Dr. Joy Zhang was invited to deliver two talks on key findings from this ESRC project at the Second International Summit on Human Genome Editing.
Dr. Zhang first expressed her concern over a ‘public engagement-deficit’ in China’s rise as a global scientific power in her Summit presentation. During the Summit, Chinese scientist Jiankui He’s announcement of the birth of gene-edited twins cast a shadow over ethical governance in this field. Drawing on empirical findings from the GSA-China project, Dr. Zhang’s urge for a professional cultural and structural change within China and her call for the international communities to not only collaborate with China scientifically but also to co-develope public engagement capacity in and with China seemed to be most timely.
The audience at the Summit responded to her presentation with a ‘Bravo’. The following day, China’s leading science blog translated her speech in full. The full video of Dr Zhang’s talk, and the panel discussion she took part can be accessed here.
In a post-summit event organised by the Royal Society, Dr. Zhang delivered a second talk on how to interpret state-science-society relations in China.
Later in October, Dr Joy Zhang gave a lecture to staff at China’s Ministry of Science and Technology at the invitation of CASTED, the Ministry’s research arm. The lecture, titled ’The Comopolitanization of Science and the Search for a “Chinese Voice”’, drew on findings from this ESRC project. It reviewed the standards of ‘good governance’ in global science and put forward a candid criticism that China’s traditional governing approach had repeatedly failed to gain public confidence in its scientific agendas both at home and abroad. She further suggested practical ways to developing public engagement capacity and enhance openness at multiple levels.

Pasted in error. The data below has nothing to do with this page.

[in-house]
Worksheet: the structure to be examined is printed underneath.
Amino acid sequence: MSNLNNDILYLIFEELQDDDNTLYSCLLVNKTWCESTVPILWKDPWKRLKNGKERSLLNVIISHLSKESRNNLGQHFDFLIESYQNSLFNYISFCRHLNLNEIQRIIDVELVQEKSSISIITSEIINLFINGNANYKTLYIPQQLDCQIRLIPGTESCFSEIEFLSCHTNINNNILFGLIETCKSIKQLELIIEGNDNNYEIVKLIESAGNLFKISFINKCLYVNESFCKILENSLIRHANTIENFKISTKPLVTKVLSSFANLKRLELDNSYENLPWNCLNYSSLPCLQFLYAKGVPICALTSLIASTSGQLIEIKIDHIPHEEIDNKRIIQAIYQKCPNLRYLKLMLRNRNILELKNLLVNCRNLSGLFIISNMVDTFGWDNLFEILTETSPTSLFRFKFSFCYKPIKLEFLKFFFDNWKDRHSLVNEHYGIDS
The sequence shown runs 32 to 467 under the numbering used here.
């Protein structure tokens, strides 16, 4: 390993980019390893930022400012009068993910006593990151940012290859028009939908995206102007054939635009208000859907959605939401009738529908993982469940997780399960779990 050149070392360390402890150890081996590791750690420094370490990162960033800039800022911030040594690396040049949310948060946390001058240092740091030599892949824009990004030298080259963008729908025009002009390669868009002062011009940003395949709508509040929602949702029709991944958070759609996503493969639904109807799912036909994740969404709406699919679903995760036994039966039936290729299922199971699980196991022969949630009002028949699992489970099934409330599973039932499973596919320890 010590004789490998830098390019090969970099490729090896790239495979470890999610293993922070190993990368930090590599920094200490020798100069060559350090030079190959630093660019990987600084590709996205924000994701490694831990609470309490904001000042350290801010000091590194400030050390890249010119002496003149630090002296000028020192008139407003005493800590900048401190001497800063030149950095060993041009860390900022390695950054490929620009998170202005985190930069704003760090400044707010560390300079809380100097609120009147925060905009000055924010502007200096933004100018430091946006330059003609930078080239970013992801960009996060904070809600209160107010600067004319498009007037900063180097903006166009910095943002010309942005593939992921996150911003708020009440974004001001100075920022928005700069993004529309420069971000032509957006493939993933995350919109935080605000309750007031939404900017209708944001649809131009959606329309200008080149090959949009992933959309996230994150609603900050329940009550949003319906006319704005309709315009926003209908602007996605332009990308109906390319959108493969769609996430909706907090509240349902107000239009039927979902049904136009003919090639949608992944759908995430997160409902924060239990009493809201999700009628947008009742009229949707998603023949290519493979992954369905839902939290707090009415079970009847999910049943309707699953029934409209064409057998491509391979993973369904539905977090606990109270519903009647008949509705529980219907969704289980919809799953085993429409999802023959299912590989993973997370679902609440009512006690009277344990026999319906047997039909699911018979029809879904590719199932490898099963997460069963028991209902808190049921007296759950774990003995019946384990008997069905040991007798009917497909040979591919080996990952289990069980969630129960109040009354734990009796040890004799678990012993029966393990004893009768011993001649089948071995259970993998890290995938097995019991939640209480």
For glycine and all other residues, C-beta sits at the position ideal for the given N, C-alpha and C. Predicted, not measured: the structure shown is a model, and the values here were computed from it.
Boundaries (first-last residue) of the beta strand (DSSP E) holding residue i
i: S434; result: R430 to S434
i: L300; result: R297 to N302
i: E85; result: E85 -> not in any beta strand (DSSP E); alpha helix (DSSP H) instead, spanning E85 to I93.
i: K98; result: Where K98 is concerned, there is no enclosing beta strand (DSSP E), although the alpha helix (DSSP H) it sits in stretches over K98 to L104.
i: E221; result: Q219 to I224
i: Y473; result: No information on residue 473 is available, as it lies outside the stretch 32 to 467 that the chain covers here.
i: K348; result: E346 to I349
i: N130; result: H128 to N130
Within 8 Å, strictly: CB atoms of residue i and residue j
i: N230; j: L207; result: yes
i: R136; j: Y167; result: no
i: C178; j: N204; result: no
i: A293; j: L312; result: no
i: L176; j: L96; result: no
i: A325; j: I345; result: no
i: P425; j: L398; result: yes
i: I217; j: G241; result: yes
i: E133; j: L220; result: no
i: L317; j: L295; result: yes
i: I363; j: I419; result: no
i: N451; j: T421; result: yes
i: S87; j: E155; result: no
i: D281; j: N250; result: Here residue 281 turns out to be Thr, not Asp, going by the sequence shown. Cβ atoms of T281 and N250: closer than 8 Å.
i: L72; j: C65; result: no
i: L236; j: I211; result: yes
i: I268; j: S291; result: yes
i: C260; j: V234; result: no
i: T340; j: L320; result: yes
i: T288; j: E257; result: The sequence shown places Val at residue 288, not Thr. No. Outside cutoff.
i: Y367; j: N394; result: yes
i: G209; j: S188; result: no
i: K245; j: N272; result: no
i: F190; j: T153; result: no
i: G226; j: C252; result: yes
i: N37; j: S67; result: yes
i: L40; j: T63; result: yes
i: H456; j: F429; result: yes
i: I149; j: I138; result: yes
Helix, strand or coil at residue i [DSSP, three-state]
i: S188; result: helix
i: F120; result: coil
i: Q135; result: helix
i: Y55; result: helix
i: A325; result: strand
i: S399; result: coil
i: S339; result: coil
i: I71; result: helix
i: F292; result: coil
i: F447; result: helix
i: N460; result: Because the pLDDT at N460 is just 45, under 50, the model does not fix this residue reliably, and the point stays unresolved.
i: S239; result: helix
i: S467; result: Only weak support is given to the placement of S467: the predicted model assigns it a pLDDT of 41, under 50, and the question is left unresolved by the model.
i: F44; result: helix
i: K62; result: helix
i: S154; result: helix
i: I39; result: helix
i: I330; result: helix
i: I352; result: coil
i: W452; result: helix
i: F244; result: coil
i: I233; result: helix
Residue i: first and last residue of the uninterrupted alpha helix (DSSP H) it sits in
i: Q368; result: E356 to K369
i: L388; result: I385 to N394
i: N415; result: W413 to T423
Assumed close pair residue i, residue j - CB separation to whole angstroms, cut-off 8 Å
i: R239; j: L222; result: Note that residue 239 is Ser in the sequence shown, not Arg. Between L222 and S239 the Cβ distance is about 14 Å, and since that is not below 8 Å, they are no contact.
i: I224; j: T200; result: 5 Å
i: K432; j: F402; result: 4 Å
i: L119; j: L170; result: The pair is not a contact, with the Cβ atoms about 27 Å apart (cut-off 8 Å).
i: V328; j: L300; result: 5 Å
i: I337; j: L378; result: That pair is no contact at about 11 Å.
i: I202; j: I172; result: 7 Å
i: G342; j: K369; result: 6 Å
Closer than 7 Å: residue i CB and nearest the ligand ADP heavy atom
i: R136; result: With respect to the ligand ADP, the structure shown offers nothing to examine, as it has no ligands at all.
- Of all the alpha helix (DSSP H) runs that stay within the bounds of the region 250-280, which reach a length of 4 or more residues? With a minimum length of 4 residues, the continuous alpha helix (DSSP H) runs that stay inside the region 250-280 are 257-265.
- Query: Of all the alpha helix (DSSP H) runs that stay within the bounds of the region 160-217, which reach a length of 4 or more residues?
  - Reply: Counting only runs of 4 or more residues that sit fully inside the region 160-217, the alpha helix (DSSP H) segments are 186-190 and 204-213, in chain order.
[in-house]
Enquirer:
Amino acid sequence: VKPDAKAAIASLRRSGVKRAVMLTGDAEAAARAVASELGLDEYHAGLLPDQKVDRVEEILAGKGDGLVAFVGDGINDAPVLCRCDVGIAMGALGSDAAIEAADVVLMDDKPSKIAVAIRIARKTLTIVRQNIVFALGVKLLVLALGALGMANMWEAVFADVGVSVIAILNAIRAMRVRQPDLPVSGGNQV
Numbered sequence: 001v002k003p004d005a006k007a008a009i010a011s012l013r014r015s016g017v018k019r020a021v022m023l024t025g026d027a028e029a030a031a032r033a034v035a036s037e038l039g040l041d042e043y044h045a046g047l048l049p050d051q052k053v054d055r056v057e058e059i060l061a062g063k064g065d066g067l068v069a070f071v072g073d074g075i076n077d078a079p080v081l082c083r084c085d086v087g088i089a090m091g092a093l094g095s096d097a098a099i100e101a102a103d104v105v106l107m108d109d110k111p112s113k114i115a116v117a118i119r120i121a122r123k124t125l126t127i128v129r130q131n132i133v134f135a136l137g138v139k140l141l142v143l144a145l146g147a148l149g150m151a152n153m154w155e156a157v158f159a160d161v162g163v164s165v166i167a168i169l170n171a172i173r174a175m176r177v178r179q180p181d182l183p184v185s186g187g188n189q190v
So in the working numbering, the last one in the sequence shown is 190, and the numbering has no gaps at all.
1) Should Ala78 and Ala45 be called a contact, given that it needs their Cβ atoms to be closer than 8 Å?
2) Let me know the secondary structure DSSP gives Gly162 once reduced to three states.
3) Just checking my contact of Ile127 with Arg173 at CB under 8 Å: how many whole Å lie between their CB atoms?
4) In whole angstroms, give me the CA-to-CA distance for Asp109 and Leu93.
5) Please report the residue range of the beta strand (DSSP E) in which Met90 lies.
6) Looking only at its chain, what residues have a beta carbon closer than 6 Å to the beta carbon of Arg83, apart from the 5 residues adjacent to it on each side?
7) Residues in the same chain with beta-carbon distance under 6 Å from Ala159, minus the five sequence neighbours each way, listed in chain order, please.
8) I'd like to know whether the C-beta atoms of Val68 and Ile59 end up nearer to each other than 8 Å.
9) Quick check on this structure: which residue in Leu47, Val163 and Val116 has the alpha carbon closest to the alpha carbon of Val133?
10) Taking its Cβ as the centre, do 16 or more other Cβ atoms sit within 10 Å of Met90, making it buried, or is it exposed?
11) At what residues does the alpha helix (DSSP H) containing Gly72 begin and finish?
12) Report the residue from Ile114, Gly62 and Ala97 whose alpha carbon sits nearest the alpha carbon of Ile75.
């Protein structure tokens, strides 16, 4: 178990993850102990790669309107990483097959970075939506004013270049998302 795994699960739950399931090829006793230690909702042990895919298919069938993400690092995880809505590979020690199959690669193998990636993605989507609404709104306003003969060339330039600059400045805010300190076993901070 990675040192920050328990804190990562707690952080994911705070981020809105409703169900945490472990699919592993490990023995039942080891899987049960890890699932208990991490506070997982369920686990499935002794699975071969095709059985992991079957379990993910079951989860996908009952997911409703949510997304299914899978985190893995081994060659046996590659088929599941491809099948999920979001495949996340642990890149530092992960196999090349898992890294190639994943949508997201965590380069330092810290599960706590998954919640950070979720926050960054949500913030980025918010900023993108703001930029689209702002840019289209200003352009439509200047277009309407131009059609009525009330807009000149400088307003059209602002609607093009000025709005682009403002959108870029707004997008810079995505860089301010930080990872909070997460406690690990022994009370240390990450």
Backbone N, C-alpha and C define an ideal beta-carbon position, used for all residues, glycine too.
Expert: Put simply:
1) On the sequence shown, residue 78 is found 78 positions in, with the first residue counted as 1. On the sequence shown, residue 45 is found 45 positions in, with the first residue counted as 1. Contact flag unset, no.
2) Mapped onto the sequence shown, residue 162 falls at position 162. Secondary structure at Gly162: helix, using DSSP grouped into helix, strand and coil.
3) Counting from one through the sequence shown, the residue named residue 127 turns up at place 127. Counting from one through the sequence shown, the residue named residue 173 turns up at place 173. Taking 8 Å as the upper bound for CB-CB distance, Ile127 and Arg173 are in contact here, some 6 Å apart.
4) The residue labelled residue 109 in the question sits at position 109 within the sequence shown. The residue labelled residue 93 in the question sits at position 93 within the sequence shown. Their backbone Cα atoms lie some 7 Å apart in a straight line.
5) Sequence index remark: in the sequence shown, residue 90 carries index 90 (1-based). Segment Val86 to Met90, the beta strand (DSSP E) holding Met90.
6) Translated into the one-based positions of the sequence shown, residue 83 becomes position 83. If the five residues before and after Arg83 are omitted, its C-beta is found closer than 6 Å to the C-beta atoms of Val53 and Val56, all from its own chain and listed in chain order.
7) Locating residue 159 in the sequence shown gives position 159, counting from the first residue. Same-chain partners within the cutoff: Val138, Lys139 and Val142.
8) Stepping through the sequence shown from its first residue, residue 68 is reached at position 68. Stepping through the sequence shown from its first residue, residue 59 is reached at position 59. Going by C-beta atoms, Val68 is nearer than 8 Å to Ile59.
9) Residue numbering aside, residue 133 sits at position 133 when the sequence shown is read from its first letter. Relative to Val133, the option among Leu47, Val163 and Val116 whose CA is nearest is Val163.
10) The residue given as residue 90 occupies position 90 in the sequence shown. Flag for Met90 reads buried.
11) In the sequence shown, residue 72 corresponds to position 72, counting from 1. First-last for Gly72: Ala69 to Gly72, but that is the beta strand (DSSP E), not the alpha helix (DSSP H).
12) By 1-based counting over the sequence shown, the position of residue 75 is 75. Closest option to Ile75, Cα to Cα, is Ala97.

Three of CASTED’s Directors came to the lecture and commended on the EMR training initiatives proposed by Dr. Zhang. We were also much encouraged by an email sent by one of the Directors who noted that such training was a matter of ‘urgency’.
Following her visiting-fellowship at the Beijing University of Technology earlier this autumn, Dr. Zhang will visit China again next Spring and roll out further training and idea exchange events on promoting public dialogues of science in collaboration with partners in the Chinese Academy of Science and Chinese Medical Association.
Zhang, J. Y. (2018) Governing Scientific Accountability in China. Final Report of the ESRC Research Project. Canterbury: GSA-China. online access: https://blogs.kent.ac.uk/gsa-news/files/2018/01/GSA-Project-Report.pdf
On 22 and 23 February, we held a second international conference of this ESRC project at the British Academy. 30 delegates who are leading figures in their respective fields in China and the UK joined the discussion.
The event featured two keynote presentations and six sessions. Baroness Onora O’Neill’s thought-provoking opening keynote reflected on ways of conceptualising trust, trustworthiness and intelligent accountability. Professor Dame Ottoline Leyser’s extremely engaging keynote ‘Scientist, Public and the Great Wall’ examined the ingroup/outgroup phenomena in science-society interface, and discussed intervention points where a different culture can be nurtured to help dismantling the ‘great wall’ that seems to have isolated science from the general public.